Washington, D.C. -
The Transportation Security Administration, TSA, has announced that it has pre-screened 1 million passengers since the launch of its PreCheck program in October of 2011. The PreCheck program is only open to a select small number of travelers who are traveling on American, Delta and Alaska flights.
In acknowledging that 1 million may seem large but is small when compared to the estimated 335 million overall passengers that have traveled in the same period, Chris McLaughlin, assistant administrator for security operations at TSA said, "In the context, 1 million is a very, very small number."
The PreCheck program is operated at 14 US airports for passengers of American, Delta and Alaska but will be increased to 21 airports by years end and include other airlines like United, US Airways, JetBlue, Virgin American and Southwest. The TSA plans to have 35 airports overall in the PreCheck program.
Airlines select passengers from their frequent flyer programs, at first only the most frequent of fliers but eventually most all who are enrolled in frequent flyer programs will be offered to apply to enroll in the program. Once invited, passengers are asked to give more personal information about themselves. As a result, their boarding passes will be embedded with a code that TSA security checkpoint screeners will see and allow the passenger to go through an expedited lane where they will not have to take off their shoes, belts and jackets, or pull out laptop computer.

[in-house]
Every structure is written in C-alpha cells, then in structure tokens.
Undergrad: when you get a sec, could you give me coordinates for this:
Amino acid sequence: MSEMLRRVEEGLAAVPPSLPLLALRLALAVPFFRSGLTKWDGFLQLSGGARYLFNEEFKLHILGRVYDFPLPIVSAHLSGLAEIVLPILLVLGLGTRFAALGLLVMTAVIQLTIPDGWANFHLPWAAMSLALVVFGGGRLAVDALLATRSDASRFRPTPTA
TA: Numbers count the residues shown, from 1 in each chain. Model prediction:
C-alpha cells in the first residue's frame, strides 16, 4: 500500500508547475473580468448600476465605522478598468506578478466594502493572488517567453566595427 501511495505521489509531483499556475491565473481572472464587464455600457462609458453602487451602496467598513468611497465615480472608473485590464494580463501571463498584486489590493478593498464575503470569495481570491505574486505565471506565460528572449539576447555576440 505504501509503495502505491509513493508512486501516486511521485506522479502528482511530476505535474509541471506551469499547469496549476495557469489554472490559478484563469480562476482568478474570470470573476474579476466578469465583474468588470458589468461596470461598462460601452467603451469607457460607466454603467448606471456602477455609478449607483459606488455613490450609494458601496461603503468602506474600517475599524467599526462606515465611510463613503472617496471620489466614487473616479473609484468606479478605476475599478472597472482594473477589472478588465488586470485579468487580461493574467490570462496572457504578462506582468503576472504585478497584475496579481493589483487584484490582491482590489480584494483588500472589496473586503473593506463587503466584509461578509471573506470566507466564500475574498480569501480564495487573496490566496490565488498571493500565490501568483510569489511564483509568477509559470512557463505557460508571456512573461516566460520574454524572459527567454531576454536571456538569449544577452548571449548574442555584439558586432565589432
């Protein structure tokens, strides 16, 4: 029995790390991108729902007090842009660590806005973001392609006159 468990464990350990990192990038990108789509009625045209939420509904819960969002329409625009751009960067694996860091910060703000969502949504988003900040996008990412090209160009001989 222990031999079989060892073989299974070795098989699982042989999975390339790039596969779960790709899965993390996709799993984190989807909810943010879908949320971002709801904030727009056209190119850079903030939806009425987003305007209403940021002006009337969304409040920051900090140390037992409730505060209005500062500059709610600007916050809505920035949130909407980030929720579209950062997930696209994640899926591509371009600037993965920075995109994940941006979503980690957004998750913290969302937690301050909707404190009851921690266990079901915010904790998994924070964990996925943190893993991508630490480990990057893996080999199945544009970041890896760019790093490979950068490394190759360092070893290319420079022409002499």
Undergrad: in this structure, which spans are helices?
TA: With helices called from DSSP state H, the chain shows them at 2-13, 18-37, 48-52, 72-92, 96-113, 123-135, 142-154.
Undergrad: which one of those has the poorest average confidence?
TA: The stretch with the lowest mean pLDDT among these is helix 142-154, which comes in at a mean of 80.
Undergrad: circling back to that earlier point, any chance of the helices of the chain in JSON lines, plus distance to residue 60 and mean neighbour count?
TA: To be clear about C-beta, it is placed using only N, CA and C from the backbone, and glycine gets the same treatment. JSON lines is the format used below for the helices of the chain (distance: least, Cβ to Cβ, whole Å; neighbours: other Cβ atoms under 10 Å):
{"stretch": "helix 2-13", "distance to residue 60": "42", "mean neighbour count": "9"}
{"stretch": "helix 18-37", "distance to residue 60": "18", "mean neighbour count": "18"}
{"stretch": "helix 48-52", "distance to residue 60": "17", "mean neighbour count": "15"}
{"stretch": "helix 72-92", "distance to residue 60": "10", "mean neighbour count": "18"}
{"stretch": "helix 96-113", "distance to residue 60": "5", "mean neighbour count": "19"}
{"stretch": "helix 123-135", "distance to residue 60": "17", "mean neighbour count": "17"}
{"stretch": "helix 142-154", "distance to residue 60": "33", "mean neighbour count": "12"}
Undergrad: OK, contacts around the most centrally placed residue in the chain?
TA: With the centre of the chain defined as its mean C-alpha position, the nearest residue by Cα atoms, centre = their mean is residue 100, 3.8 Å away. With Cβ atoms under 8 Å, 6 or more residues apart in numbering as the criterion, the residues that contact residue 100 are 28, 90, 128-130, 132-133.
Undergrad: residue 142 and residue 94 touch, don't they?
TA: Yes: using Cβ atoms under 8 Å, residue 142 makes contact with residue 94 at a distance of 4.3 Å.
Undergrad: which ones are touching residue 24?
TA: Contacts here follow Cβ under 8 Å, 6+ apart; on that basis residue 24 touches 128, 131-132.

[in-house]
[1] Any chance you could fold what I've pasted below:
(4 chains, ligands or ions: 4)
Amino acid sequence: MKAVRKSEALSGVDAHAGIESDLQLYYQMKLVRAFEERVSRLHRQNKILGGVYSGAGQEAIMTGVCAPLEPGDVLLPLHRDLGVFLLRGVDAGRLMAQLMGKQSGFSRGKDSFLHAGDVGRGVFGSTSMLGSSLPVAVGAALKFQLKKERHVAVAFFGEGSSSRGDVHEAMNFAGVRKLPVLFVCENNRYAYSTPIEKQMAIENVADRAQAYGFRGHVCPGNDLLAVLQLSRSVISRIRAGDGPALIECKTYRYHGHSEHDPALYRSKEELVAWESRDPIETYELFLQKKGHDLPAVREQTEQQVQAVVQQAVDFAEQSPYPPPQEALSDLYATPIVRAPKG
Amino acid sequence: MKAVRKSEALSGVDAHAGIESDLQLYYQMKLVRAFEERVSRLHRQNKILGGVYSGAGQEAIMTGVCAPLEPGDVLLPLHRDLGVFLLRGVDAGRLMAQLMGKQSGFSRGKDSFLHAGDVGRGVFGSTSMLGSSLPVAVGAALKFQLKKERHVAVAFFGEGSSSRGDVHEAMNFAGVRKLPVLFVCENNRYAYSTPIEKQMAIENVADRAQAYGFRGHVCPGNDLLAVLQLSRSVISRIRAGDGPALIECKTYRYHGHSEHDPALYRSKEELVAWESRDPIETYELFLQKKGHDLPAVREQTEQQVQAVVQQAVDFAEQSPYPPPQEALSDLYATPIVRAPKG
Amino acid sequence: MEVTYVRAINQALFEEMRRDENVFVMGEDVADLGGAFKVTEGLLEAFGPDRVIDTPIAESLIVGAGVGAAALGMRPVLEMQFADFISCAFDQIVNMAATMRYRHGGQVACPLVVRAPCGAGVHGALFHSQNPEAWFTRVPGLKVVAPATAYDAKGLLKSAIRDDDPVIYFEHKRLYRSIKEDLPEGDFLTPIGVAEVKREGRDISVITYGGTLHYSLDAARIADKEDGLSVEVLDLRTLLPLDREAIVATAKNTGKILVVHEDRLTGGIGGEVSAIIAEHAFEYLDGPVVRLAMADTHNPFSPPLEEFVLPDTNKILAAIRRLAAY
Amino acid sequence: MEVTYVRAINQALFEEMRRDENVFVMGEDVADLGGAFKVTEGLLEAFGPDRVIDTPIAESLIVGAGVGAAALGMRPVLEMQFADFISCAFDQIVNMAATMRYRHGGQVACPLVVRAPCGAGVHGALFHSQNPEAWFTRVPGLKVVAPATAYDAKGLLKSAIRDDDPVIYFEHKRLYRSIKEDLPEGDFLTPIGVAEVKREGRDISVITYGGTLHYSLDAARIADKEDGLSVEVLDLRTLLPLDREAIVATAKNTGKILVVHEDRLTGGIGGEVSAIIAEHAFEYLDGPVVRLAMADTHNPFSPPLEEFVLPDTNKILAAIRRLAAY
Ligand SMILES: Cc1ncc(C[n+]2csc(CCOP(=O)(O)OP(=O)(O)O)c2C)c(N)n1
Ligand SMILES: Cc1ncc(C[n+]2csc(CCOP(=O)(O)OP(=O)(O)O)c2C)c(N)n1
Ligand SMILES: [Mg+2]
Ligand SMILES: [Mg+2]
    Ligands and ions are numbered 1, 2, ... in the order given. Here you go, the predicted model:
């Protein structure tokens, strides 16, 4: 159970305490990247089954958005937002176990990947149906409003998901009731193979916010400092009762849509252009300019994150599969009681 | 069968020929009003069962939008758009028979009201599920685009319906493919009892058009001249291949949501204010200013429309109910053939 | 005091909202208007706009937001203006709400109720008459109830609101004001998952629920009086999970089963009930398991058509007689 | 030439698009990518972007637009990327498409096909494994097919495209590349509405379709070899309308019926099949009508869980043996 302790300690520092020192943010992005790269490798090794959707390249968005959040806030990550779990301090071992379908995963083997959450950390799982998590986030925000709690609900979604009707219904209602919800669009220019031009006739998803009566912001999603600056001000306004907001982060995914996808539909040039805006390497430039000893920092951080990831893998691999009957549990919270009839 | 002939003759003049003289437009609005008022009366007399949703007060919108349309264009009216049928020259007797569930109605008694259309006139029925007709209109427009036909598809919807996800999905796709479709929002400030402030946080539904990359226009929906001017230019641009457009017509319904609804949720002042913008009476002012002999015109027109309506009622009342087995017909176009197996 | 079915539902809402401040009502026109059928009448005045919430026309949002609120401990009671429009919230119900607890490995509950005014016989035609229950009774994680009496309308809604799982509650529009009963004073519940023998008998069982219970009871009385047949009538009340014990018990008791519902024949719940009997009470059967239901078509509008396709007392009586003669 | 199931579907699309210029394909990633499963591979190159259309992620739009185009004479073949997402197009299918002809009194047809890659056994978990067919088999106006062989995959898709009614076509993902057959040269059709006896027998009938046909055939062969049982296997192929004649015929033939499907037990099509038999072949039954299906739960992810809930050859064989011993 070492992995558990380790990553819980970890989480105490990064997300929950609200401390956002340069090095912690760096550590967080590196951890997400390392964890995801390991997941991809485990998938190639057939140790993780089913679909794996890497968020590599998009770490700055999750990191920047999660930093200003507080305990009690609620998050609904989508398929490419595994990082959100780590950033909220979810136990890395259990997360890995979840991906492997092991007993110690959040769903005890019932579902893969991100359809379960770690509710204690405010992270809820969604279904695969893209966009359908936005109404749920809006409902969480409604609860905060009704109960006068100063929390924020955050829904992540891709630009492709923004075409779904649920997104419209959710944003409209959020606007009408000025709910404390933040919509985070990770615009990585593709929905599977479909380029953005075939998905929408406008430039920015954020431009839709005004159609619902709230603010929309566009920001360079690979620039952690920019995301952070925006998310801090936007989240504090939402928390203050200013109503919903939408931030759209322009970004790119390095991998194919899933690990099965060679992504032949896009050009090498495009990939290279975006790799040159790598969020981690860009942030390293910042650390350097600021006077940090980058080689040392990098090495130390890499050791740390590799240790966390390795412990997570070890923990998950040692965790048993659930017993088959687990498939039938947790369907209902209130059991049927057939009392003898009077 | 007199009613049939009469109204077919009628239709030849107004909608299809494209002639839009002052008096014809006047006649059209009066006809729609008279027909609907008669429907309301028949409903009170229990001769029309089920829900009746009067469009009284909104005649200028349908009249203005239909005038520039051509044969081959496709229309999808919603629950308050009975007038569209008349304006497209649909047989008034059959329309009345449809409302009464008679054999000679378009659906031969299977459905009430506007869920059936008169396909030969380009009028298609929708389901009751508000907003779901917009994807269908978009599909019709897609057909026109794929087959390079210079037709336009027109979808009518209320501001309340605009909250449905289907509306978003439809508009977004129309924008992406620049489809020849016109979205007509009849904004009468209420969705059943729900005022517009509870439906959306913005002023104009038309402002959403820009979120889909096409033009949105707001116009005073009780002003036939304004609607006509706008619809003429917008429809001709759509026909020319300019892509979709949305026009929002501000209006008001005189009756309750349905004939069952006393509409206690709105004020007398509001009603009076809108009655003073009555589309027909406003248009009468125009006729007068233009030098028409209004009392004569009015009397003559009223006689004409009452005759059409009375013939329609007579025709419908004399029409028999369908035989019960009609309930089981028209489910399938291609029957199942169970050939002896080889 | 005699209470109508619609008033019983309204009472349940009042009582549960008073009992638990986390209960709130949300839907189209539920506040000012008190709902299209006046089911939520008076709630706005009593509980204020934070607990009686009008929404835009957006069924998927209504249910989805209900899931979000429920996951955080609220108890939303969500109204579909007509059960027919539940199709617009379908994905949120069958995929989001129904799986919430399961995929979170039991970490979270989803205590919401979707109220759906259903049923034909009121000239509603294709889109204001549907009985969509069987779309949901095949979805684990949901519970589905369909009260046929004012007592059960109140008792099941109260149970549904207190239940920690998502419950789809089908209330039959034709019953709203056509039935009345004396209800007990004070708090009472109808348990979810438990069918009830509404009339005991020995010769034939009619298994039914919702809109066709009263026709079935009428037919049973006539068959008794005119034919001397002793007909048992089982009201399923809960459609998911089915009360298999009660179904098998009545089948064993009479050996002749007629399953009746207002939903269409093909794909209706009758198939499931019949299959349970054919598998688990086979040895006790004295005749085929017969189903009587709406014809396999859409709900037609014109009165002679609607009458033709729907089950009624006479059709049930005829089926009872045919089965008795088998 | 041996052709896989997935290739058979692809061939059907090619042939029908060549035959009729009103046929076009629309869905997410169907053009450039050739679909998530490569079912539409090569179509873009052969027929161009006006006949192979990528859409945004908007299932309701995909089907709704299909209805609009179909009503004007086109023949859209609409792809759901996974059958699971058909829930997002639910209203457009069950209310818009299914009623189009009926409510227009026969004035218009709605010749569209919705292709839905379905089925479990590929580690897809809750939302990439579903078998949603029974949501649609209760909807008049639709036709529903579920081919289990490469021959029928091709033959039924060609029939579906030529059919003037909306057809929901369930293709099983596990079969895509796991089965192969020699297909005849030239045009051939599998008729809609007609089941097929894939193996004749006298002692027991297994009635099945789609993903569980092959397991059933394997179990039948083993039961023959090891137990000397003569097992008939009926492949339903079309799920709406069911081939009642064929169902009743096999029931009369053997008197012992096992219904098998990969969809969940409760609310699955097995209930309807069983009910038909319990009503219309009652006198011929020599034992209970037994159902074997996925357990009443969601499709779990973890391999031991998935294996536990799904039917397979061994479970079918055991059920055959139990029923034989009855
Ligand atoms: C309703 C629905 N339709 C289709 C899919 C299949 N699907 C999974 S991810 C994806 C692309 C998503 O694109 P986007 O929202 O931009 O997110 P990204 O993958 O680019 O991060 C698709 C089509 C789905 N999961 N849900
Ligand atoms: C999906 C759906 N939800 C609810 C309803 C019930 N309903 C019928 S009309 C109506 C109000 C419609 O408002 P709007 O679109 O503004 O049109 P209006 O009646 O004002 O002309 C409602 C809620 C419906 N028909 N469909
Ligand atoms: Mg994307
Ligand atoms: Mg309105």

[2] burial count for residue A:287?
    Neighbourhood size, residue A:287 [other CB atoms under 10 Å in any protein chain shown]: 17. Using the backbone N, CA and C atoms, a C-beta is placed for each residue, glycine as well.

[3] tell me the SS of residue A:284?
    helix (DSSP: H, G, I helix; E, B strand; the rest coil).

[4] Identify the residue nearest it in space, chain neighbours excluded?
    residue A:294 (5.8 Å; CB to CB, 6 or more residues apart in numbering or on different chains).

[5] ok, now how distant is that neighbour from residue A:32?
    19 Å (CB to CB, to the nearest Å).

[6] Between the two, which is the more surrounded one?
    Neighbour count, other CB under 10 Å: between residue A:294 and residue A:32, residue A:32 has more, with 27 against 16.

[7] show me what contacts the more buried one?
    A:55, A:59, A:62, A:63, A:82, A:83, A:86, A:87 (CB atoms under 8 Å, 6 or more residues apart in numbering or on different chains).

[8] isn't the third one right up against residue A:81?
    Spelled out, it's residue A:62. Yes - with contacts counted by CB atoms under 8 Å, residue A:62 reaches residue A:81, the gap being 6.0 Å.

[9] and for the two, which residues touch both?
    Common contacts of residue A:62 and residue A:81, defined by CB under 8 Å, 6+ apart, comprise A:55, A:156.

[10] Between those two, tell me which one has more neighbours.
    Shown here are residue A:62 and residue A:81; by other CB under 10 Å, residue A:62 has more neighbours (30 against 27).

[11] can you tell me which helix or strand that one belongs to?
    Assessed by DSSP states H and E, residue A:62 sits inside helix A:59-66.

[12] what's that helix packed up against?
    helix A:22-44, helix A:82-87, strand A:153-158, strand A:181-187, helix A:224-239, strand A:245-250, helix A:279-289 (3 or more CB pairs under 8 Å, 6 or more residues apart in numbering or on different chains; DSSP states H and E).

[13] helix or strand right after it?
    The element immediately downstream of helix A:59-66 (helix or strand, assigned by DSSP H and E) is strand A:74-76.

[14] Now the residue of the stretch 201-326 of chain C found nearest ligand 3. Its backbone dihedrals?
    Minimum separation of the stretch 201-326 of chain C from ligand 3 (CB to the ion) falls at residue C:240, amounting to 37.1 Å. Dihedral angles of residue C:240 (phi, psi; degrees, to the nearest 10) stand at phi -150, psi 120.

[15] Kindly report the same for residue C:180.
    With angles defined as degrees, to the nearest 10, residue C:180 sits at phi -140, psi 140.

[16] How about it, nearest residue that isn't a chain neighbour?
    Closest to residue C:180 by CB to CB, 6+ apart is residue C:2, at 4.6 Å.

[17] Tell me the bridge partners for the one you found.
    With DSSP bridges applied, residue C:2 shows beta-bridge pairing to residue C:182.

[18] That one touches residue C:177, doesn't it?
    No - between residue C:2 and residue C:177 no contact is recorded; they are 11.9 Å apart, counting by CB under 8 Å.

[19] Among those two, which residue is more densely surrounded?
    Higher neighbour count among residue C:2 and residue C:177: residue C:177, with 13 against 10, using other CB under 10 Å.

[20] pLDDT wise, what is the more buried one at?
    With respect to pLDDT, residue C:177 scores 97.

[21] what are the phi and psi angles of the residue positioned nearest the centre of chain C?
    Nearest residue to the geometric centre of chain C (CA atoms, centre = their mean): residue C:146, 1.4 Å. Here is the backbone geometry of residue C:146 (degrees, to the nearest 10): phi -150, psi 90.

According to the TSA, 90% of the nations domestic traffic originated and ends at one of the 35 airports it said it will make PreCheck ready.
The TSA has been under significant pressure and criticism by the traveling public, congress and consumer rights groups for a process often described as inefficient, ineffective, bloated with red tape, overly expensive, slow to respond, and unresponsive to the public.
Numerous security experts have labeled the TSA screening process as retarded, illogical and an unnecessary intrusion into passenger's privacy.
The TSA has contended that it is doing the best it can to keep passengers demands in mind while still balancing the overall security needs of the traveling public, and that it has implemented numerous programs designed to help it find "threats".